The Lego Batman Movie
Directed by Chris McKay
By Noel Vera
The first 20 minutes are best (What is it about recent pictures that the first 20 minutes are always best? Have they forgotten to teach the importance of the next 80 at script writing class?): Batman leads a spectacular public life, soaking in wave after wave of adulation with a celebrity’s limitless confidence. The joke about his private life — in his vast Batcave located deep within Wayne Island, surrounded by miles of tunnels and countless memorabilia and tons of military-style weaponry — is that he doesn’t have a life; he’s basically kidding himself saying everything is awesome when he (and we watching him) know otherwise. In short: life as someone like Trump would like it to be vs. life as it really is.
It’s a gag that deserves a bit more appreciation, considering all the worshipful ink spent analyzing the comic-book character. The official DC gospel is that Batman is driven by a sense of hurt, anger, vengeance (but is really a nice guy deep inside); that he goes vigilante for the sake of justice (no effort to reconcile act with opposing motive); that he fights tirelessly for the weak (and goes back to his billion-dollar mansion in the morning to rest). Maybe the only truly interesting subversive note anyone’s ever added is from Frank Miller’s The Dark Knight Returns: that the Caped Crusader knows he’s a criminal and gleefully acknowledges the contradiction; it’s part and parcel of his war against crime.
But forget Miller’s take on the character (megalomanic sociopath) or for that matter Christopher Nolan’s (Mephistophelean manipulator behind Gotham’s brief golden age) much less Zach Snyder’s (Miller’s version only with a lobotomy). To director Chris McKay, Bat is a self-centered jerk (“Why did you build this thing with only one seat?” “Because last I checked I only had one butt.”) who has been doing all this to win love and approval from his dead parents (“Hey Mom, hey Dad, I um, I saved the city again today, I think you would have been really proud”), so when the real thing comes along he keeps it at arm’s length (“You’re seriously saying there’s nothing special about us?” “There is no ‘us’; never will be.”). McKay working with his six writers through Will Arnett’s monotone growl understands something no one — not Miller nor Nolan nor Snyder — seems to realize: that The Batman is a monstrous overgrown child playing with oversized toys in his oversized underground playpen; that the black armor and gruff voice and pointed cowl are really his way of overcompensating; that all this is hideously funny, even if (or especially because) the character reverently depicted in comics and recent movies is so resolutely not.
Wish McKay had pushed the joke to its logical conclusion (skip the next two paragraphs if you plan to see the movie!) — forced the Dark Knight to try operate in a post-supervillain world, watch him become more annoying and self-centered, dangerous even — superhero turning supervillain to fill a brutal vacuum. Instead we have this overelaborate plot where the Joker (Zach Galifianakis) has himself projected into the Phantom Zone (ostensibly for safekeeping, in reality a recruitment ploy). We have this unfunny subplot where Michael Cena as the world’s most annoying Robin (think the previous Lego movie’s insufferable Emmet only in bright green, red, yellow underwear). The Dark Knight must grapple with his responsibilities to other people, learn how to be father to Robin and (ugh) become a better person overall.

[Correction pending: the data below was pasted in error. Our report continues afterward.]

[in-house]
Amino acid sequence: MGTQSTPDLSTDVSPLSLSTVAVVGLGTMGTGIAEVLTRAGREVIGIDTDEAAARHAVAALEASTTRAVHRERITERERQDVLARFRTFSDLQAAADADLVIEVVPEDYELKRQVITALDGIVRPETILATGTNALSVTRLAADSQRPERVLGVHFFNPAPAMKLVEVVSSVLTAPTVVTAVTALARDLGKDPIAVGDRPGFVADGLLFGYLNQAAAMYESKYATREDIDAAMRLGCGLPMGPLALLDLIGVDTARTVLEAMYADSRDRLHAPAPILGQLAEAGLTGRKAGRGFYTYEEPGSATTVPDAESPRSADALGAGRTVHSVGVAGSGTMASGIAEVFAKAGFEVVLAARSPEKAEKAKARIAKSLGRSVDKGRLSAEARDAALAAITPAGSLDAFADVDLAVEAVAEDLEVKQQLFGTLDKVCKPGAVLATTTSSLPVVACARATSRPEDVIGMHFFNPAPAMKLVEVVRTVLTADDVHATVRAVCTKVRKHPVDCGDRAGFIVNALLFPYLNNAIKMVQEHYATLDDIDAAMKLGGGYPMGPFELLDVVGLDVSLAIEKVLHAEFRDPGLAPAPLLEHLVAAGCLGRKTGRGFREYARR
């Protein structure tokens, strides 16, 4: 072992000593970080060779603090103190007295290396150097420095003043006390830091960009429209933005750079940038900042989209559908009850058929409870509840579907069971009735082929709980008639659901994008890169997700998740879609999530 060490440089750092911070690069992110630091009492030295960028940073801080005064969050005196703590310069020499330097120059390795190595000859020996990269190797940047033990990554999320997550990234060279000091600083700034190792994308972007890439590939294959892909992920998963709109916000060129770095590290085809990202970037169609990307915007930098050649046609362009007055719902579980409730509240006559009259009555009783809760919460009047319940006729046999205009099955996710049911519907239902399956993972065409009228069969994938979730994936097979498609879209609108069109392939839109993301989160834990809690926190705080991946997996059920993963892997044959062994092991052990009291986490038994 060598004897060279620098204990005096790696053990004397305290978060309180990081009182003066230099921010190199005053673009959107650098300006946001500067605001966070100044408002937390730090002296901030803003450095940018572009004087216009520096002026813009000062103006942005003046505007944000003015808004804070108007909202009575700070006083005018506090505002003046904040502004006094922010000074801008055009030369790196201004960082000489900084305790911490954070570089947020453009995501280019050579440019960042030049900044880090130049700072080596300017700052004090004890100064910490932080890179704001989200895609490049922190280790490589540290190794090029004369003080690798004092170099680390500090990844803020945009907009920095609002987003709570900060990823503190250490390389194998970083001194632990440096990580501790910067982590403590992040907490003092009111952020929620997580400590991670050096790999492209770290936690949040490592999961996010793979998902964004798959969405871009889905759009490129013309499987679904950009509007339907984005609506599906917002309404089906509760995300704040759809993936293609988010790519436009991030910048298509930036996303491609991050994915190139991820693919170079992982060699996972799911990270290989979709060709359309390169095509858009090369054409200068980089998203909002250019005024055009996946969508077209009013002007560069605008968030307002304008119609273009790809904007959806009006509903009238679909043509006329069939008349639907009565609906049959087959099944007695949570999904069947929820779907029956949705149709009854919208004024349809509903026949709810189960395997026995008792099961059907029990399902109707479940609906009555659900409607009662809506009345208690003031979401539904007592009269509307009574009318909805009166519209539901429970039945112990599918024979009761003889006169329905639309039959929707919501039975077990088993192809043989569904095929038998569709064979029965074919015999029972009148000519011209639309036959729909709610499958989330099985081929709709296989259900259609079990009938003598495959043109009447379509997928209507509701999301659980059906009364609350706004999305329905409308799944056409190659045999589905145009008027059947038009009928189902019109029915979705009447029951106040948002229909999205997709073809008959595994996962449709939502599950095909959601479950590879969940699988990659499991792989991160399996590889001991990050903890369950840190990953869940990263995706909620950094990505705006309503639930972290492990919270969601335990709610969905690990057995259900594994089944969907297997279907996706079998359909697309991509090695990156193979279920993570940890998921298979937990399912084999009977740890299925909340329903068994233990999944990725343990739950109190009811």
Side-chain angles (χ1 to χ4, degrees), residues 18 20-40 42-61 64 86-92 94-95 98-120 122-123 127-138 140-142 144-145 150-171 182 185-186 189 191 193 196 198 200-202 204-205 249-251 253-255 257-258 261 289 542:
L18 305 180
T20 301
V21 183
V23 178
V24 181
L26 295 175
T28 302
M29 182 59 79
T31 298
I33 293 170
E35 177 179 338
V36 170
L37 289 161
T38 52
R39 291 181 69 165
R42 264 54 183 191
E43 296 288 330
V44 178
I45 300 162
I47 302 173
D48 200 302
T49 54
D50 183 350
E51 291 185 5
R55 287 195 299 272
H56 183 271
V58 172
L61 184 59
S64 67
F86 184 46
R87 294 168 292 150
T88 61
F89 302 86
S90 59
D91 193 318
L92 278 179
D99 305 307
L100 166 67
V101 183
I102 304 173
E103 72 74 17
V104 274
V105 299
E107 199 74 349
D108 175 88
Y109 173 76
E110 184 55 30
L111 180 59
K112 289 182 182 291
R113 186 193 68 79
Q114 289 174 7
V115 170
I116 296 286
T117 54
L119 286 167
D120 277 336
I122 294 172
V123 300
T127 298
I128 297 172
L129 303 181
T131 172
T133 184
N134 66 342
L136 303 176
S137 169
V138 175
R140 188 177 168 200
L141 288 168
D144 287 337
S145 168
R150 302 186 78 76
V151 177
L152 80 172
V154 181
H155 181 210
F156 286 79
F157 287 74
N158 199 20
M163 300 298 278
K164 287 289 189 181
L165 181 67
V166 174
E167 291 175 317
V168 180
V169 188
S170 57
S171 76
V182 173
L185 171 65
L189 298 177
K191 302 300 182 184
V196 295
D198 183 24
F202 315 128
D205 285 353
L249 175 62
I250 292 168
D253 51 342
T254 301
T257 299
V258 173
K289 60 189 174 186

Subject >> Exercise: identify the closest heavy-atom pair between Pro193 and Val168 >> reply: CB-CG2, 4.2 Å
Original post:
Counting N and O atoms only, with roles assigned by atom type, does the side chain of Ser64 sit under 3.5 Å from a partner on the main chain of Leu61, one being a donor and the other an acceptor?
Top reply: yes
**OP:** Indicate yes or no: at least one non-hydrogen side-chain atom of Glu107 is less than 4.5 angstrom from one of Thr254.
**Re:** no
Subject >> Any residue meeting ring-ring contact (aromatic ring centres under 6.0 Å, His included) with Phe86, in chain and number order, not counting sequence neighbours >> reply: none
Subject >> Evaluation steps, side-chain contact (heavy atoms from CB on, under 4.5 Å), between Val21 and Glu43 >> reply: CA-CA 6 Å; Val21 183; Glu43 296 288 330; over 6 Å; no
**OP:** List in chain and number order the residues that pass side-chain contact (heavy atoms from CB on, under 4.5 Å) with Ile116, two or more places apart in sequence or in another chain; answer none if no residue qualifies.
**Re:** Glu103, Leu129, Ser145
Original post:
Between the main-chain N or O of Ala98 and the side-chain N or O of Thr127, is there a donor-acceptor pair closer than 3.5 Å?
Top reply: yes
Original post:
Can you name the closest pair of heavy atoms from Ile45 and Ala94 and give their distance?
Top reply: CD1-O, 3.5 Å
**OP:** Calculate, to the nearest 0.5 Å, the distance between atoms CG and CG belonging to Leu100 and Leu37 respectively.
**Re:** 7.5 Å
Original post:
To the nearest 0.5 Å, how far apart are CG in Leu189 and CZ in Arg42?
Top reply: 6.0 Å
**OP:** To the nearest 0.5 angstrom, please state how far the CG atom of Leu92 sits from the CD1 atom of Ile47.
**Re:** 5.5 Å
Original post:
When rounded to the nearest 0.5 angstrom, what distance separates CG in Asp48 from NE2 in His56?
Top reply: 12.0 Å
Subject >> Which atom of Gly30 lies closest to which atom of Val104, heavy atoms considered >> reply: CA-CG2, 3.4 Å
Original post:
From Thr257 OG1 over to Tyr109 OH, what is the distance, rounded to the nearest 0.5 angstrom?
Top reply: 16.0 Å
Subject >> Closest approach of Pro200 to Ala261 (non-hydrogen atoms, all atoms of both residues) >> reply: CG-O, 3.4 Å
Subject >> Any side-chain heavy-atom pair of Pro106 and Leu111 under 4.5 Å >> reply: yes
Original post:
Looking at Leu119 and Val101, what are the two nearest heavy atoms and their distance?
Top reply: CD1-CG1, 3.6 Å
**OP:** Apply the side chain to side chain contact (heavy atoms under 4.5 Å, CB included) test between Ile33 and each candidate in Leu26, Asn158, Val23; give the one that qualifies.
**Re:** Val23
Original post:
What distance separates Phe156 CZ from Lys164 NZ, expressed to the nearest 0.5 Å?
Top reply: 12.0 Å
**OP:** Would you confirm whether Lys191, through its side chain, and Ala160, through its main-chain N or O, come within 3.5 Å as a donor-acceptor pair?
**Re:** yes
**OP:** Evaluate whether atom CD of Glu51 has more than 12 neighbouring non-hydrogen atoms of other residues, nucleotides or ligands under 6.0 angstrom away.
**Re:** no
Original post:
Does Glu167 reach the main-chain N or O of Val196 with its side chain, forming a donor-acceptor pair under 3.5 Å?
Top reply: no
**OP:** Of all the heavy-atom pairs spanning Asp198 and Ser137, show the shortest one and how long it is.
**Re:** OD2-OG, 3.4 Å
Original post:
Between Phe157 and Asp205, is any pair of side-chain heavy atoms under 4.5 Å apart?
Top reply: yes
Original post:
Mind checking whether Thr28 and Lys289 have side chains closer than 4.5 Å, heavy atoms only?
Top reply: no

The movie doesn’t have the balls to be what I hoped it would be — what it needed to be — but what there is ain’t bad. Michael Sragow in his Film Comment review points out how Barbara Gordon (Rosario Dawson) plays Hilary to Batman’s petulant Trump and in a more competently managed world that’s how it should turn out (unfortunately this isn’t that world). My own ideal scenario would be funnier, in a Swiftian sense: have Batrump sit in his own mess, the filth getting more rancid and unbearable until something or someone snaps — but hey, who wants psychological realism when you can just escape into that better world for a while? I doubt if my version would enjoy the same box office ($90 million worldwide on its opening weekend) but would enjoy a more interesting integrity.
Wish the Daleks had a bigger role (appreciated their presence nevertheless); wish the Klingons or Romulans played a part too. He Who Must Not Be Named (happy to oblige) I couldn’t care less — anyway all Lego characters look essentially noseless — but wasn’t there enough room for a few New Gods, or the Swamp Thing, maybe an Eternal or two?
In my list of favorite Batman movies — an important historical document I’m sure — I figure this to rank somewhere in the middle: not quite as good as Bruce Timm and Eric Radomski’s The Animated Series, but better than Nolan’s Dark Knight trilogy, or Snyder’s Dawn of Justice (which to be fair are better than Schumacher’s atrocities — I may be crazy but I’m not stupid). Can think of worse ways to pass a Sunday afternoon.
MTRCB Rating: PG